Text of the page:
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Research Report

Sino-Mozambican relations and their implications for forests: A preliminary assessment for the case of Mozambique

Laura A. German
Sheila Wertz-Kanounnikoff
Copyright Date: Jan. 1, 2012
Pages: 84
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Table of Contents

  1. (pp. 1-1)

    In 1992, Mozambique emerged from 15 years of civil war which had left the economy and infrastructure in a shambles. Since then, the country has experienced rapid economic growth, with annual growth rates averaging 8%. This was the result of a number of factors including ‘catch-up’ following the civil war, macroeconomic stability (low inflation rate, sustained stability of the national currency) and, since 1999, the effect of a few capital-intensive mega-projects on revenue generation and balance of trade¹. Yet Mozambique is a capital-scarce country, relying on foreign capital (aid and FDI) to finance the transformation of its economy². Some argue...

  2. (pp. 2-10)

    Sino-Mozambican relations have a long history, initiated during Mozambique’s independence struggle with Portugal when China provided guerrilla training, military equipment and financial support to the Liberation Front of Mozambique (FRELIMO) (Chichava 2008). Shortly after Mozambique’s independence in 1975, the two countries established diplomatic relations, which remained intact during the 1977-1992 ‘civil’ war, and have intensified since the peace accord in 1992 (Janssen and Kiala 2009). Following the end of the war, Chinese economic actors, such as construction companies and timber merchants, were among the first to re-enter the country.

    With a current account surplus of USD 253.3 billion in 2009,...

  3. (pp. 11-12)

    The overall objectives of the project are to advance understanding of the social, economic and environmental effects of Chinese investment in commodities or sectors affecting forests and livelihoods in Africa, and to strengthen the capacity of decision-makers in government, civil society and the private sector to enact reforms to leverage more equitable and sustainable outcomes.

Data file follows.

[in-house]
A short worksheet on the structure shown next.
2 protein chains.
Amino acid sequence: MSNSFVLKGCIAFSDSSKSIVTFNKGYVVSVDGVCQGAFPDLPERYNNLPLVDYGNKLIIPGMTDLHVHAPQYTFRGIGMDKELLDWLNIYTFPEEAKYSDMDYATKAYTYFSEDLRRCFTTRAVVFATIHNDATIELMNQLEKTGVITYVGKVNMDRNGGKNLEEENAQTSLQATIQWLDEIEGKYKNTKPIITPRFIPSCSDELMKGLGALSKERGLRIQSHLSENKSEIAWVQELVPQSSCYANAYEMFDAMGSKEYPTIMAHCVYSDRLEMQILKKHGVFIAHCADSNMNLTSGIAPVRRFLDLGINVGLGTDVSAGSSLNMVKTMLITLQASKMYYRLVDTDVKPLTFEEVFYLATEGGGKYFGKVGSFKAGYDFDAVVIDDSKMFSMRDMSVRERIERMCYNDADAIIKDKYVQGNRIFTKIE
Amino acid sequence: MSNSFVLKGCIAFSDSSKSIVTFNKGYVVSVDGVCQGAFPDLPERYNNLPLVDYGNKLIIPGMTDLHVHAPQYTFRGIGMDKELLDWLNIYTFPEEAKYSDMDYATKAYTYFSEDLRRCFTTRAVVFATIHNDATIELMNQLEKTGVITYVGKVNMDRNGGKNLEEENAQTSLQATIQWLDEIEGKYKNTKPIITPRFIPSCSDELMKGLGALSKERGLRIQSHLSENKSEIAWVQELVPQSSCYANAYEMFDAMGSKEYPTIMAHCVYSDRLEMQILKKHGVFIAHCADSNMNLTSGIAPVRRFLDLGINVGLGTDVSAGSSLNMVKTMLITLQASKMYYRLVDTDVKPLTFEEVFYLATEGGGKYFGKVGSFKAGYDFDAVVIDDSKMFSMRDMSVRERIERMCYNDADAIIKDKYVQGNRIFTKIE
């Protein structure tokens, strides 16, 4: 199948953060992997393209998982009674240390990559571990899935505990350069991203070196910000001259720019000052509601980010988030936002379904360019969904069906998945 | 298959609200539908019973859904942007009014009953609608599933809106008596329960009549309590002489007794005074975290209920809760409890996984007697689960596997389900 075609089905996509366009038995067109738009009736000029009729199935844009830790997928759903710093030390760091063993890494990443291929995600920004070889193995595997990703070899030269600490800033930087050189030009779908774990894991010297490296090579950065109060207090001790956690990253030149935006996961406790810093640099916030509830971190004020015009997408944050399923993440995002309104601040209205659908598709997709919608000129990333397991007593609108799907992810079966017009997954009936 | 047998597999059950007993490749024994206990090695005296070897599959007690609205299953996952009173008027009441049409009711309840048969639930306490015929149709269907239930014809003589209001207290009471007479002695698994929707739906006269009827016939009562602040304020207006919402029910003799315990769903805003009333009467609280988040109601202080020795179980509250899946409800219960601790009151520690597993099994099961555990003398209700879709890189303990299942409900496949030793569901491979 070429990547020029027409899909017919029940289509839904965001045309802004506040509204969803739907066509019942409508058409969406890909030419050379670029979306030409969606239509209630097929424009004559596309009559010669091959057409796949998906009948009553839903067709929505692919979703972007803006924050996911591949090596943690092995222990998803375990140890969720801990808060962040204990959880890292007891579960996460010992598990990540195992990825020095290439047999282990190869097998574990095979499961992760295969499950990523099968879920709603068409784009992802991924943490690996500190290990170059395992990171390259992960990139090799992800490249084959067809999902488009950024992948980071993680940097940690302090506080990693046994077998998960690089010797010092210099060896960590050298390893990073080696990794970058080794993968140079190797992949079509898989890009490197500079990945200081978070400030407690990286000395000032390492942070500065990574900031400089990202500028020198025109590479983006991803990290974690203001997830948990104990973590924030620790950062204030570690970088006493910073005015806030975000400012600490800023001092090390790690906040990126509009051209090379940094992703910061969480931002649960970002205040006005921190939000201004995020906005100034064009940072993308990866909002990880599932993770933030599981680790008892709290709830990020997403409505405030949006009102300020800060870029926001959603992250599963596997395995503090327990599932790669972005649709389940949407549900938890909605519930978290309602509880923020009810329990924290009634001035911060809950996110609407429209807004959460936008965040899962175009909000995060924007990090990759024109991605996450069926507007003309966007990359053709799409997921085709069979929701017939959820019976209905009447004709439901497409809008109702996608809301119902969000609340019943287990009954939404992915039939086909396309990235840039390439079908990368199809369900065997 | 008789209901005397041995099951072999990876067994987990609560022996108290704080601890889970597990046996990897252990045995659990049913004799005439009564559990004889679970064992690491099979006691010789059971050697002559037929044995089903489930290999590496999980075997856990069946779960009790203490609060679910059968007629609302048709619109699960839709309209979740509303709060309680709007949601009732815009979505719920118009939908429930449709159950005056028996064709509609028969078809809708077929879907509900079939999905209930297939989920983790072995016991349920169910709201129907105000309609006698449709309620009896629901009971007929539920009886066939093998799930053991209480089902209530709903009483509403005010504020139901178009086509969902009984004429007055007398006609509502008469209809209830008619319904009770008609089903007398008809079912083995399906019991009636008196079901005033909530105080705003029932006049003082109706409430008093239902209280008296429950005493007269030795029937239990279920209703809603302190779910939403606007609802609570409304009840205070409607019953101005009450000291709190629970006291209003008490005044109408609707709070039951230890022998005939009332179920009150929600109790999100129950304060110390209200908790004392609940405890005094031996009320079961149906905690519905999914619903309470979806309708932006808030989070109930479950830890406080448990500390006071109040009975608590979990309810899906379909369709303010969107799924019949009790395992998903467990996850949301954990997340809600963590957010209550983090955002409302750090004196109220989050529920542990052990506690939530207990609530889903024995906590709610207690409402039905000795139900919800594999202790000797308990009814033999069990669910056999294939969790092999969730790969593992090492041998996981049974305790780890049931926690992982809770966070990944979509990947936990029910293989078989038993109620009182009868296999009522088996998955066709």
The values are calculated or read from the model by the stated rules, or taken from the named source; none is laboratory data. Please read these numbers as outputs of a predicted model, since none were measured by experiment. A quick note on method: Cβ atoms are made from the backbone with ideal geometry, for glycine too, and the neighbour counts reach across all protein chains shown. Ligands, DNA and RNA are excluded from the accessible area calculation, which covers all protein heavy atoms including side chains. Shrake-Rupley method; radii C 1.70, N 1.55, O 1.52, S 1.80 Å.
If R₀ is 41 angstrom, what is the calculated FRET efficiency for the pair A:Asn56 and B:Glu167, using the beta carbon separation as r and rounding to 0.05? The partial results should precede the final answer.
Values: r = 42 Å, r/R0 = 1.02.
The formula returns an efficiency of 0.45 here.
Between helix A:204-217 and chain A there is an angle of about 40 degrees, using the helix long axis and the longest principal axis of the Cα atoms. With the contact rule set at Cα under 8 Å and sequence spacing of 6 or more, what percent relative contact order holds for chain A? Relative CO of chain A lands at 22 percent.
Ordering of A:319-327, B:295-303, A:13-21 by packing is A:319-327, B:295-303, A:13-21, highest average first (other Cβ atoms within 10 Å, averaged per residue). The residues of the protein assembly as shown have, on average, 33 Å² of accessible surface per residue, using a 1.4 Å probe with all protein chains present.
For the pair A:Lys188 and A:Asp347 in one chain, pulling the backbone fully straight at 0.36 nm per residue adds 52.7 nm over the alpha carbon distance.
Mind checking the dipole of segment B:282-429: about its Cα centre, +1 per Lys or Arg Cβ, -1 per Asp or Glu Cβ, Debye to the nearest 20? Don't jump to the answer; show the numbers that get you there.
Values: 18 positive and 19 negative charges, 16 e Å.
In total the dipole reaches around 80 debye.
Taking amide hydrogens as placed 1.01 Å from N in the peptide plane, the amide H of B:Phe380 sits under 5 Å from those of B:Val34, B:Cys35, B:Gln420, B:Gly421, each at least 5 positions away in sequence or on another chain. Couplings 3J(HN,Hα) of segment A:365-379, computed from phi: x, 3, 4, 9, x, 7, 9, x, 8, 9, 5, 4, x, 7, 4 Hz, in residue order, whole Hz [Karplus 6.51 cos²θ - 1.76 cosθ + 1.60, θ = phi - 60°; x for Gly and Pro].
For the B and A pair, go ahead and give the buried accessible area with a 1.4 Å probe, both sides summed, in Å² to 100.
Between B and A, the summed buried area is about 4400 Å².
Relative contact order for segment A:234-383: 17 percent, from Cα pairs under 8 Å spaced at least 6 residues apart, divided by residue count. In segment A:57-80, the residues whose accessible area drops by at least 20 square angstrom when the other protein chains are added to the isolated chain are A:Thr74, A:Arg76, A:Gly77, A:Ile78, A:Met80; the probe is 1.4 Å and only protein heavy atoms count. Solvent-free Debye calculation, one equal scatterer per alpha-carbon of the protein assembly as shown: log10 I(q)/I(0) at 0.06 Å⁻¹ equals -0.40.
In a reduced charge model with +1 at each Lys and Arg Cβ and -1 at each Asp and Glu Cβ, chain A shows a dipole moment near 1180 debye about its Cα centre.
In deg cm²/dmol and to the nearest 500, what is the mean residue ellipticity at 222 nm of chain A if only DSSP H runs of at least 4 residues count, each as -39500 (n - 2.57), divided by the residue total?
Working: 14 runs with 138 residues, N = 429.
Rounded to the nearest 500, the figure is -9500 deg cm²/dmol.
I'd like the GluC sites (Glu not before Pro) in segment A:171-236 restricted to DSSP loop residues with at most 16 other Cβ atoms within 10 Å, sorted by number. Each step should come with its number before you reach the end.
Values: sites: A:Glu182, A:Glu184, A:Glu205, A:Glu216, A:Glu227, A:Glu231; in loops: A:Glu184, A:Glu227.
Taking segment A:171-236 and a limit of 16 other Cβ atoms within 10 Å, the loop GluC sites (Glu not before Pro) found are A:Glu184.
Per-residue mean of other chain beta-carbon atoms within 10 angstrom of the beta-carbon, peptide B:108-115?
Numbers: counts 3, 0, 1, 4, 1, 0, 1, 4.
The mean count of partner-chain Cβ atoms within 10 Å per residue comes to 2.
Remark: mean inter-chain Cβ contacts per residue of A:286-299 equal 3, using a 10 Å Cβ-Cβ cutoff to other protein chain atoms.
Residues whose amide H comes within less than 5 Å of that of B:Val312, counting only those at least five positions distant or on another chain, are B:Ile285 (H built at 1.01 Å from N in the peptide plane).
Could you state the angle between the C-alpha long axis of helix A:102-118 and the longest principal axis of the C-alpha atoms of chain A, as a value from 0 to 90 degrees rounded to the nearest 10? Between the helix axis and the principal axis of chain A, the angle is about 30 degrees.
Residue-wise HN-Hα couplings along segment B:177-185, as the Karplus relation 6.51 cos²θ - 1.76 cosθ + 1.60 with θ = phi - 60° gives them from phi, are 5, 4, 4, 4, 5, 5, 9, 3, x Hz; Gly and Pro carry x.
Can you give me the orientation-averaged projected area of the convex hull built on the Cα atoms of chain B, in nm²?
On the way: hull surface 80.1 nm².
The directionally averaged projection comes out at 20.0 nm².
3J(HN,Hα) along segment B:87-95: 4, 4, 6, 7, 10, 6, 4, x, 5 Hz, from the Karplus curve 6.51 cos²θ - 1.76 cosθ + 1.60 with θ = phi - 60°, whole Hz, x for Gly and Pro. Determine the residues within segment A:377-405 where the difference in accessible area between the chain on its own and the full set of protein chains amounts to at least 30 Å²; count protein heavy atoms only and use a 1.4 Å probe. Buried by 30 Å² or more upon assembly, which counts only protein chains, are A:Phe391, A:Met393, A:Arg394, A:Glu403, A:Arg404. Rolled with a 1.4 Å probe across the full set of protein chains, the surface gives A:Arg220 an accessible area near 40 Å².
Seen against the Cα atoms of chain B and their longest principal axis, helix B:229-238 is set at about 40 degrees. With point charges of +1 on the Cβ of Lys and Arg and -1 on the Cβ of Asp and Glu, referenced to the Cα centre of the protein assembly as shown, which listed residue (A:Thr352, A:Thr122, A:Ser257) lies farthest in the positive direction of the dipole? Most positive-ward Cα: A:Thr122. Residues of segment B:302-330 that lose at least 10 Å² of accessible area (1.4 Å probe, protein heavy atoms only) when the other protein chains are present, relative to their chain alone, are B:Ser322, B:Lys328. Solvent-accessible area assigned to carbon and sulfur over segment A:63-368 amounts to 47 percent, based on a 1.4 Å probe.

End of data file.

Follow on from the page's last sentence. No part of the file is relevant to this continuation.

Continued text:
The objective of the scoping phase – on which this report is based (Activity 1.2) – is to gain an understanding of the trends, effects and trade-offs of Chinese trade and investment in key sectors shaping forests and forest livelihoods, and the legal and institutional...

  4. (pp. 13-24)

    This section presents an overview of findings related to Sino-Mozambican relations. The findings are broken down into four sections. The first section provides an overview of what stakeholders believe to be the characteristics that differentiate the Chinese from other trade and development partners. This is followed by a detailed look at data on Chinese aid, trade and foreign investment, in which an attempt is made to relate stakeholder perceptions to published data.

    Interviews with individuals from key government ministries, foreign embassies and civil society organisations point to a number of perceived differences between the Chinese government’s and the private sector’s...

  5. (pp. 25-53)

    This section presents findings related to the three sectors studied – forestry, agriculture and mining. In each section, in addition to presenting findings related to the Chinese presence, general features of the sector are presented to enable the findings to be placed in context. This aids in assessing the extent to which the findings are specific to the Chinese presence or general features of the sector in question.

    The majority of Mozambique’s forests are located in the northern provinces of Niassa, Tete, Cabo Delgado and Zambézia and in the southern province of Gaza (Figure 9; Table 3).

    The private sector...

  6. (pp. 54-56)

    This paper sheds light on the debate over the relative benefits and drawbacks of China’s emerging influence in Mozambique. It is based on a rapid scoping exercise to explore what is known about patterns of official Chinese aid and private sector involvement in investment and trade in sectors of interest (agriculture, forestry and mining). The findings suggest that the Chinese government provides significant levels of development assistance to the Mozambican government, the bulk of which is in the form of project-based loans, followed by grants and small volumes of debt and emergency relief. The preference for project-based lending runs counter...